Major volcanoes on Mars
Mars today has no active volcanoes. Much of the heat stored inside the planet when it formed has been lost, and the outer crust of Mars is too thick to allow molten rock from deep below to reach the surface. However, Volcanic activity, or volcanism, has played a significant role in the geologic evolution of Mars and it has the largest shield volcanoes in the solar system. Three enormous volcanoes, Ascraeus Mons, Pavonis Mons, and Arsia Mons (collectively known as the Tharsis Montes), sit aligned northeast–southwest along the crest of the bulge. The vast Alba Mons (formerly Alba Patera) occupies the northern part of the region.
Olympus Mons stands 26 kilometers (15.5 miles) above the surrounding plains, and is 500 kilometers (300 miles) wide at its base. It is about two and a half times Mount Everest's height above sea level. It is the largest volcano, the tallest planetary mountain, and the second tallest mountain currently discovered in the Solar System, comparable to Rheasilvia on Vesta. In terms of surface area, Olympus Mons is the second-largest volcano in the solar system, second only to Earth's Tamu Massif. Olympus Mons is the youngest of the large volcanoes on Mars, having formed during Mars's Hesperian Period. It had been known to astronomers since the late 19th century as the albedo feature Nix Olympica (Latin for "Olympic Snow"). Its mountainous nature was suspected well before space probes confirmed its identity as a mountain.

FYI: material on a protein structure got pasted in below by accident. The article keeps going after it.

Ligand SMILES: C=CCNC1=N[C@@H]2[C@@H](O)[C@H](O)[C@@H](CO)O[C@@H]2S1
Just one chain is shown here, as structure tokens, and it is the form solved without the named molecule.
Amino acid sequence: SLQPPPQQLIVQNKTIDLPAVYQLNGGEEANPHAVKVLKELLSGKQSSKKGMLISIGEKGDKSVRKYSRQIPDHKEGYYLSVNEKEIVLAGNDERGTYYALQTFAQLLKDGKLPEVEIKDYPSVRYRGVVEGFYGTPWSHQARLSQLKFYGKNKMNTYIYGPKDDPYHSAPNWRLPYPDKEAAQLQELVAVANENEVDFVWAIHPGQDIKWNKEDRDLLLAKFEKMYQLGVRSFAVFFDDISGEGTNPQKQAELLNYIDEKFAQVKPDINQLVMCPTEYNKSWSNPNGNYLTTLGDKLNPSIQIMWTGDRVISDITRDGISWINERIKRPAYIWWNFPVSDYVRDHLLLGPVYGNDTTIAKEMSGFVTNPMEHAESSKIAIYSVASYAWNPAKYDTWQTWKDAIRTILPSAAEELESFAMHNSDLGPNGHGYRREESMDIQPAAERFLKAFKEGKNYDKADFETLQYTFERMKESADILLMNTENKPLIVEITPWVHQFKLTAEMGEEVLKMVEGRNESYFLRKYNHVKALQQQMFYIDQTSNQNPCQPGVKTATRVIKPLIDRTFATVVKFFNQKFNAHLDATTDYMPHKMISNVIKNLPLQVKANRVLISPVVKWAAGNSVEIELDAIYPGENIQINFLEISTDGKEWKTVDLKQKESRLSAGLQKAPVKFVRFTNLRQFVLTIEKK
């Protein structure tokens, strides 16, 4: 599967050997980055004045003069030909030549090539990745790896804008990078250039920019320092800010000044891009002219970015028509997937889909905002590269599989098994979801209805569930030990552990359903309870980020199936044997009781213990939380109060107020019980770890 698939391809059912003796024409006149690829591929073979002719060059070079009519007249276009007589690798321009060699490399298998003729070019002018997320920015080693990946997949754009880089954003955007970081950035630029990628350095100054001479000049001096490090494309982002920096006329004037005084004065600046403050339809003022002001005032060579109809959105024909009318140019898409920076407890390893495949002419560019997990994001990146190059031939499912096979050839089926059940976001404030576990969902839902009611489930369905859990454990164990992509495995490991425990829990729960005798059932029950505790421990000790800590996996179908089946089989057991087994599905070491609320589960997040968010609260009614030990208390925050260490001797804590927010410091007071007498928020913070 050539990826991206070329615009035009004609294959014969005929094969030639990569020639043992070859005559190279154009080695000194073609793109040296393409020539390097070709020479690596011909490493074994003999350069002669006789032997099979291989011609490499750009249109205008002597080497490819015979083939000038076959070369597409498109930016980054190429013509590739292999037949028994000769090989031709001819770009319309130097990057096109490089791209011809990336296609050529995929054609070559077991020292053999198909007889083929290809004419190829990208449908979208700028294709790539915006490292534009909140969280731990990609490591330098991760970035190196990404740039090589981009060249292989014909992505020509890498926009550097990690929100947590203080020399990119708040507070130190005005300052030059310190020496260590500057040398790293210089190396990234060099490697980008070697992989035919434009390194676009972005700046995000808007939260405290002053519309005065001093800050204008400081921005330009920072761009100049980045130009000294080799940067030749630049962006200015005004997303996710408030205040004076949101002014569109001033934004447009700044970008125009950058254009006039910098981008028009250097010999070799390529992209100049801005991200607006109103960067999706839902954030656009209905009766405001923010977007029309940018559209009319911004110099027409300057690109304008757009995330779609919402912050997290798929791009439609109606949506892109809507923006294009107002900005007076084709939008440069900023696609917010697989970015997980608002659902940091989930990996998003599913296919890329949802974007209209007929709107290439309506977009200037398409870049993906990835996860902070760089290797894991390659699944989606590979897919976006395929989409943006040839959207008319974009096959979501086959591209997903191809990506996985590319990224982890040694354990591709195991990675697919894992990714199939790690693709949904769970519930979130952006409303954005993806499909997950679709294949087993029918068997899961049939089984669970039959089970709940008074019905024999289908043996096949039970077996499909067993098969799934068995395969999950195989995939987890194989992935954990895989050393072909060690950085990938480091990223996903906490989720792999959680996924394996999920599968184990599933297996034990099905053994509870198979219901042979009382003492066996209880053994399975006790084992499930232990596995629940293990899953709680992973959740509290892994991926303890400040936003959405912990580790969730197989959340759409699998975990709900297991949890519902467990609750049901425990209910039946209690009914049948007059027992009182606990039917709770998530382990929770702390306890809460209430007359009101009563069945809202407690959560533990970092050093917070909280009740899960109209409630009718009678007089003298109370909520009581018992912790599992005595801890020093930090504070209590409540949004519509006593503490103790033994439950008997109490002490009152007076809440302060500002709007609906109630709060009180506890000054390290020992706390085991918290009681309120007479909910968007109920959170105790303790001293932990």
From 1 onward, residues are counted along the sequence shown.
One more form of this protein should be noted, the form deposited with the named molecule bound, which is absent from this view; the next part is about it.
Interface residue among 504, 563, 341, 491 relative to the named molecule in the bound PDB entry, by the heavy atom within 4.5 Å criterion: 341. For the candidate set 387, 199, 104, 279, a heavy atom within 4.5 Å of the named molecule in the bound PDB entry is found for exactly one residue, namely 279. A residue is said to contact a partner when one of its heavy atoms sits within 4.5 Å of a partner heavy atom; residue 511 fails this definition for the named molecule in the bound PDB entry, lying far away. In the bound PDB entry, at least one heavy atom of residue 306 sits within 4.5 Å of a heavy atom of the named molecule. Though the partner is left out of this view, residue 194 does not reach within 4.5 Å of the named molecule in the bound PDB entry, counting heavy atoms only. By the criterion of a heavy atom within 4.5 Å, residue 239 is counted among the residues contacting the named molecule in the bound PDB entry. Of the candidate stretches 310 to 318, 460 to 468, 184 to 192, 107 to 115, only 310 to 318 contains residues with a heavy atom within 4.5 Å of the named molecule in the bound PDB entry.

Olympus Mons is located in Mars's western hemisphere at approximately 18.65°N 226.2°E, just off the northwestern edge of the Tharsis bulge. The western portion of the volcano lies in the Amazonis quadrangle (MC-8) and the central and eastern portions in the adjoining Tharsis quadrangle (MC-9).
The western hemisphere of Mars is dominated by a massive volcano-tectonic complex known as the Tharsis region or the Tharsis bulge. This immense, elevated structure is thousands of kilometers in diameter and covers up to 25% of the planet's surface. Averaging 7–10 km above datum (Martian "sea" level), Tharsis contains the highest elevations on the planet. Three enormous volcanoes, Ascraeus Mons, Pavonis Mons, and Arsia Mons (collectively known as the Tharsis Montes), sit aligned northeast–southwest along the crest of the bulge. The vast Alba Mons (formerly Alba Patera) occupies the northern part of the region. The huge shield volcano Olympus Mons lies off the main bulge, at the western edge of the province.
Built up by countless generations of lava flows and ash, the Tharsis bulge contains some of the youngest lava flows on Mars, but the bulge itself is believed to be very ancient. Geologic evidence indicates that most of the mass of Tharsis was in place by the end of the Noachian Period, about 3.7 billion years ago (Gya). Tharsis is so massive that it has placed tremendous stresses on the planet's lithosphere, generating immense extensional fractures (grabens and rift valleys) that extend halfway around the planet. The mass of Tharsis could have even altered the orientation of Mars' rotational axis, causing climate changes